In a way, I’ve been researching it for years. I’ve always been drawn to survival stories. I’m not sure why, but I’m always reading and watching accounts from people who have survived various traumatic situations, and their stories normally stick with me. I try to put myself in their shoes and imagine how I would have handled their situations. My husband often asks me why I get so emotional over people I don’t even know, but I can’t help getting drawn in. While Clover’s situation is extreme, I felt like I drew from all of this when I was telling her story. 

How challenging was it to create a character like Clover, someone who has been through abuse and how it affected her life onward? 

As I mentioned above, Clover came to me fully formed, just begging to have her story told. The only thing I didn’t know was exactly what she’d run from. I played with several backstories for Clover before I found one that fit the plot I’d developed. Before the book released, I did wonder what my friends and family would think when they read it – would they wonder how I’d come up with her dark and violent past? When my mom and dad read it for the first time, they definitely wondered where their seemingly well-adjusted, happy daughter got her ideas from!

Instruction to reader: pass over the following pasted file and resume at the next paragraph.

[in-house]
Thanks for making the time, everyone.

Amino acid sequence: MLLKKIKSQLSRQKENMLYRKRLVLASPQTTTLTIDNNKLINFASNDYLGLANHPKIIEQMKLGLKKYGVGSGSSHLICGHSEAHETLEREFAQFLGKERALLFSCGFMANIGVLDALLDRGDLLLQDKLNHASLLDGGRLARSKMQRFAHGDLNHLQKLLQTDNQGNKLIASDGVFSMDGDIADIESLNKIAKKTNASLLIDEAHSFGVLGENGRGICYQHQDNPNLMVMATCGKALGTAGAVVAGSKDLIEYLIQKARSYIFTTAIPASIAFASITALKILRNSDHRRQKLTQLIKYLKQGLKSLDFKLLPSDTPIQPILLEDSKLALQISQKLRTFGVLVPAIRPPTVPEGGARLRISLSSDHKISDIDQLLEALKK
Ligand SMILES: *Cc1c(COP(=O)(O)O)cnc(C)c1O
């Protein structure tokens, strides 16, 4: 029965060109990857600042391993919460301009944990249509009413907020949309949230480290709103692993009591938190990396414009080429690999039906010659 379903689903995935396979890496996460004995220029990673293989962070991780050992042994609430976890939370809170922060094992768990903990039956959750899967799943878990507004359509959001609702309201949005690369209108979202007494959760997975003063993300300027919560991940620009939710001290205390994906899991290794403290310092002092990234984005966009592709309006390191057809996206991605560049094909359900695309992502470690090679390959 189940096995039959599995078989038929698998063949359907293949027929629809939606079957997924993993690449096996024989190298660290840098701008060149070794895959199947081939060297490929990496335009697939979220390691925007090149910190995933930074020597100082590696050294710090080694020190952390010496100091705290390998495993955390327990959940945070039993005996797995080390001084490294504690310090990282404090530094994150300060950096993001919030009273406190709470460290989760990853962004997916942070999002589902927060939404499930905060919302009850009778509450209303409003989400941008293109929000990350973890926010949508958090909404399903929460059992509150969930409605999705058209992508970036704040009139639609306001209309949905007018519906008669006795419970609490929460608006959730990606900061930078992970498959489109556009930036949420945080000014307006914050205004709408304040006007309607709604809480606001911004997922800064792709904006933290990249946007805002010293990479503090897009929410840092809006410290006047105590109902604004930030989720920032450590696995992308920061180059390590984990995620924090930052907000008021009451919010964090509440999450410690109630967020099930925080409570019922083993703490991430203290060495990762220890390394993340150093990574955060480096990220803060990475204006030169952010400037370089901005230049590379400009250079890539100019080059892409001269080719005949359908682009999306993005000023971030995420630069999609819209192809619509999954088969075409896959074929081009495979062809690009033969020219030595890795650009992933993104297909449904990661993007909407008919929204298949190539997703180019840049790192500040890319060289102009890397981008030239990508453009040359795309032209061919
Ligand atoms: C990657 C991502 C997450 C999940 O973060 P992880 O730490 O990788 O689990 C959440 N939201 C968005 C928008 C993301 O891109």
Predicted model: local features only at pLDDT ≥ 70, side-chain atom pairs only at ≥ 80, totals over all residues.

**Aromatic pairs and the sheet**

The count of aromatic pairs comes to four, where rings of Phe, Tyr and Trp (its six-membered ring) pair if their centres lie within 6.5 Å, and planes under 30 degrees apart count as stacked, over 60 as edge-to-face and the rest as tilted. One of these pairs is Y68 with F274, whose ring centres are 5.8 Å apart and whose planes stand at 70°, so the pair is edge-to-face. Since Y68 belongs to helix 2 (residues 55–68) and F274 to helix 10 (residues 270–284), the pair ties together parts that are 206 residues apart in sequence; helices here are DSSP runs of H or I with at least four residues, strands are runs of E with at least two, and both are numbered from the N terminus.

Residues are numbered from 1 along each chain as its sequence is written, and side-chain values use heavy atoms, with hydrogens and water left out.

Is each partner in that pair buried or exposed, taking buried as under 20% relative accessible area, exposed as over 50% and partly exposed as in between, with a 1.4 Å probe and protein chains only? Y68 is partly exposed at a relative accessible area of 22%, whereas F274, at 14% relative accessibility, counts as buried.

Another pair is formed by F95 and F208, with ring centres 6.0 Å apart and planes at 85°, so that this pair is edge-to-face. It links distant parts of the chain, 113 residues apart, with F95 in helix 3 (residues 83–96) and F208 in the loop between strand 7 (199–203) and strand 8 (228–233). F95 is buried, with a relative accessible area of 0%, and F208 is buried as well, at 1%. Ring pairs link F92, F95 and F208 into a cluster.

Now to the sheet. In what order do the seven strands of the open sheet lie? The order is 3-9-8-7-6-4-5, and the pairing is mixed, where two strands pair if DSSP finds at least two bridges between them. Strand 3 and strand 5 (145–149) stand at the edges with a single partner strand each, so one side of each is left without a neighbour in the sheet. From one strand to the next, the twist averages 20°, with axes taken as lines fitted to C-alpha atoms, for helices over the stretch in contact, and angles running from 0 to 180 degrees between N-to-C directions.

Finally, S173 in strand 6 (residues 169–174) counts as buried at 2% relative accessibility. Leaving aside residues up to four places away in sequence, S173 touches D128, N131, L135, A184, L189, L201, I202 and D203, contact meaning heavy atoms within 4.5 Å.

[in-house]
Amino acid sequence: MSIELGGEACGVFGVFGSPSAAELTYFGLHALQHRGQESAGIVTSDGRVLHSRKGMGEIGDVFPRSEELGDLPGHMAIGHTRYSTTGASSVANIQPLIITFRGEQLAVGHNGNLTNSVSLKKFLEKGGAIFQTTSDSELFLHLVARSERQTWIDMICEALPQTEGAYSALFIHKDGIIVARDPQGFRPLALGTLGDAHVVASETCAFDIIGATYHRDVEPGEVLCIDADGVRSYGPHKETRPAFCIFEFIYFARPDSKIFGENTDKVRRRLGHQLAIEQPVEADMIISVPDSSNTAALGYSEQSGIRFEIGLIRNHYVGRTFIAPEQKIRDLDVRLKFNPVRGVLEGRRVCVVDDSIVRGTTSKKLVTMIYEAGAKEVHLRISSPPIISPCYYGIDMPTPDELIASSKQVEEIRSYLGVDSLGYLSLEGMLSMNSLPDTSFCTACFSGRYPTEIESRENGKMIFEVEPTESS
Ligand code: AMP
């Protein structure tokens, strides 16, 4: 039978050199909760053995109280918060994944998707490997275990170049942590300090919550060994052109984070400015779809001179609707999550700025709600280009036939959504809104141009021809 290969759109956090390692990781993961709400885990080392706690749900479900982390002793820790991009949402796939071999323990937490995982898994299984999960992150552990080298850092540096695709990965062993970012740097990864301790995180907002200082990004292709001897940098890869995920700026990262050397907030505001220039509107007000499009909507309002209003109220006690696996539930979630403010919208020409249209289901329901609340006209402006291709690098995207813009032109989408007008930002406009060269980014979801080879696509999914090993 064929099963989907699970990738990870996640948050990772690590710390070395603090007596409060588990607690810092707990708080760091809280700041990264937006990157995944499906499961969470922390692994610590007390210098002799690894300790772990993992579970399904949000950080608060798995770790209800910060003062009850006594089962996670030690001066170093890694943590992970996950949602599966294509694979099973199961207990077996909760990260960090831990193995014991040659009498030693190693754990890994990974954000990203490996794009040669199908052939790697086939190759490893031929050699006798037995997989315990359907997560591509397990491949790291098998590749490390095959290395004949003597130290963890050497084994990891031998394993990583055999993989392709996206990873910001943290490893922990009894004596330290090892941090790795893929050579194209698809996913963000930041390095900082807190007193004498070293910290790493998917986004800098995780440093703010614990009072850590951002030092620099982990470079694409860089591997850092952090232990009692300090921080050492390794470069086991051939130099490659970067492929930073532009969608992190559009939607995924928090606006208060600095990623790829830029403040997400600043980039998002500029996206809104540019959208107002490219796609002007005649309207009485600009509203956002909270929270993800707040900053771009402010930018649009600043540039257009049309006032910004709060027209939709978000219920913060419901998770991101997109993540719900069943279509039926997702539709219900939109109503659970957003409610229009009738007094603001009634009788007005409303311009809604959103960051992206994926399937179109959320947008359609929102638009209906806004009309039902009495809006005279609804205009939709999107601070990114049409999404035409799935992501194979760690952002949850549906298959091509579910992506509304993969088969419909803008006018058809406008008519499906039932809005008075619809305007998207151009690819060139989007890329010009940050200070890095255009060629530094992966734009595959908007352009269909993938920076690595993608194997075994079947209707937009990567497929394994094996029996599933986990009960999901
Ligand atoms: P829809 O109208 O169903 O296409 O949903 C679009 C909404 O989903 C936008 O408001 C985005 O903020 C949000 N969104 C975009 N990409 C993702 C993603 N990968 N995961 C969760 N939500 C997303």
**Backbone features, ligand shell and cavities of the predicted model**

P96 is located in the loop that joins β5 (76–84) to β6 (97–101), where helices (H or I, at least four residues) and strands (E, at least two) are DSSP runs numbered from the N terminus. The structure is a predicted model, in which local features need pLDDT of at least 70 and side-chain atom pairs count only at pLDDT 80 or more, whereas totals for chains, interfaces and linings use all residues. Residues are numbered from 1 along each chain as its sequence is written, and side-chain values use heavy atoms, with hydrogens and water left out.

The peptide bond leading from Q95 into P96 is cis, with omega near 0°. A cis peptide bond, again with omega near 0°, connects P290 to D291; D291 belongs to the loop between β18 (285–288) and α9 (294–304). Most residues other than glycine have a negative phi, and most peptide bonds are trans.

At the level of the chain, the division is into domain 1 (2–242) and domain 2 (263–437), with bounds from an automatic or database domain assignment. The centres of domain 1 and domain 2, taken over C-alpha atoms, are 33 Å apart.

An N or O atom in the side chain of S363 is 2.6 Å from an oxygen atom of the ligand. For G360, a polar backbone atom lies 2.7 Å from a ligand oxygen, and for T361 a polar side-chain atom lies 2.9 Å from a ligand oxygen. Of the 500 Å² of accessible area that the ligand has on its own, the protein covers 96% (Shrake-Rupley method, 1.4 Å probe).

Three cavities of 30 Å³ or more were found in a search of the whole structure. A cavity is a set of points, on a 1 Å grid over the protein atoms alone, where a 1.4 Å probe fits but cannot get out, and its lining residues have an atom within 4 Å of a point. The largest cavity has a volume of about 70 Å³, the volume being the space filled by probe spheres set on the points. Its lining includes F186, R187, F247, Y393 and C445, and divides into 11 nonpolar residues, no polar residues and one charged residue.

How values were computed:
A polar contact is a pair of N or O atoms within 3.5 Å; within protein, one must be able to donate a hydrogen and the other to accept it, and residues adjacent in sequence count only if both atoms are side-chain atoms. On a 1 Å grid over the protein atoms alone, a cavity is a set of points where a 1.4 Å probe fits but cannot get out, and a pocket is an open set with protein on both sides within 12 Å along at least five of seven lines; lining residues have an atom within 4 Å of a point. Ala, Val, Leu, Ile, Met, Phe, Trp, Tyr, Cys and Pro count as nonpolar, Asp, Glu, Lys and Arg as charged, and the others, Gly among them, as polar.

How long did it take you to write the story?

This book had an unusually long time frame. Unfortunately, I’d just started writing when I was diagnosed with breast cancer. Because of chemotherapy, it took almost nine months before I was emotionally and physically ready to write again. So, the book took eighteen months in total to finish.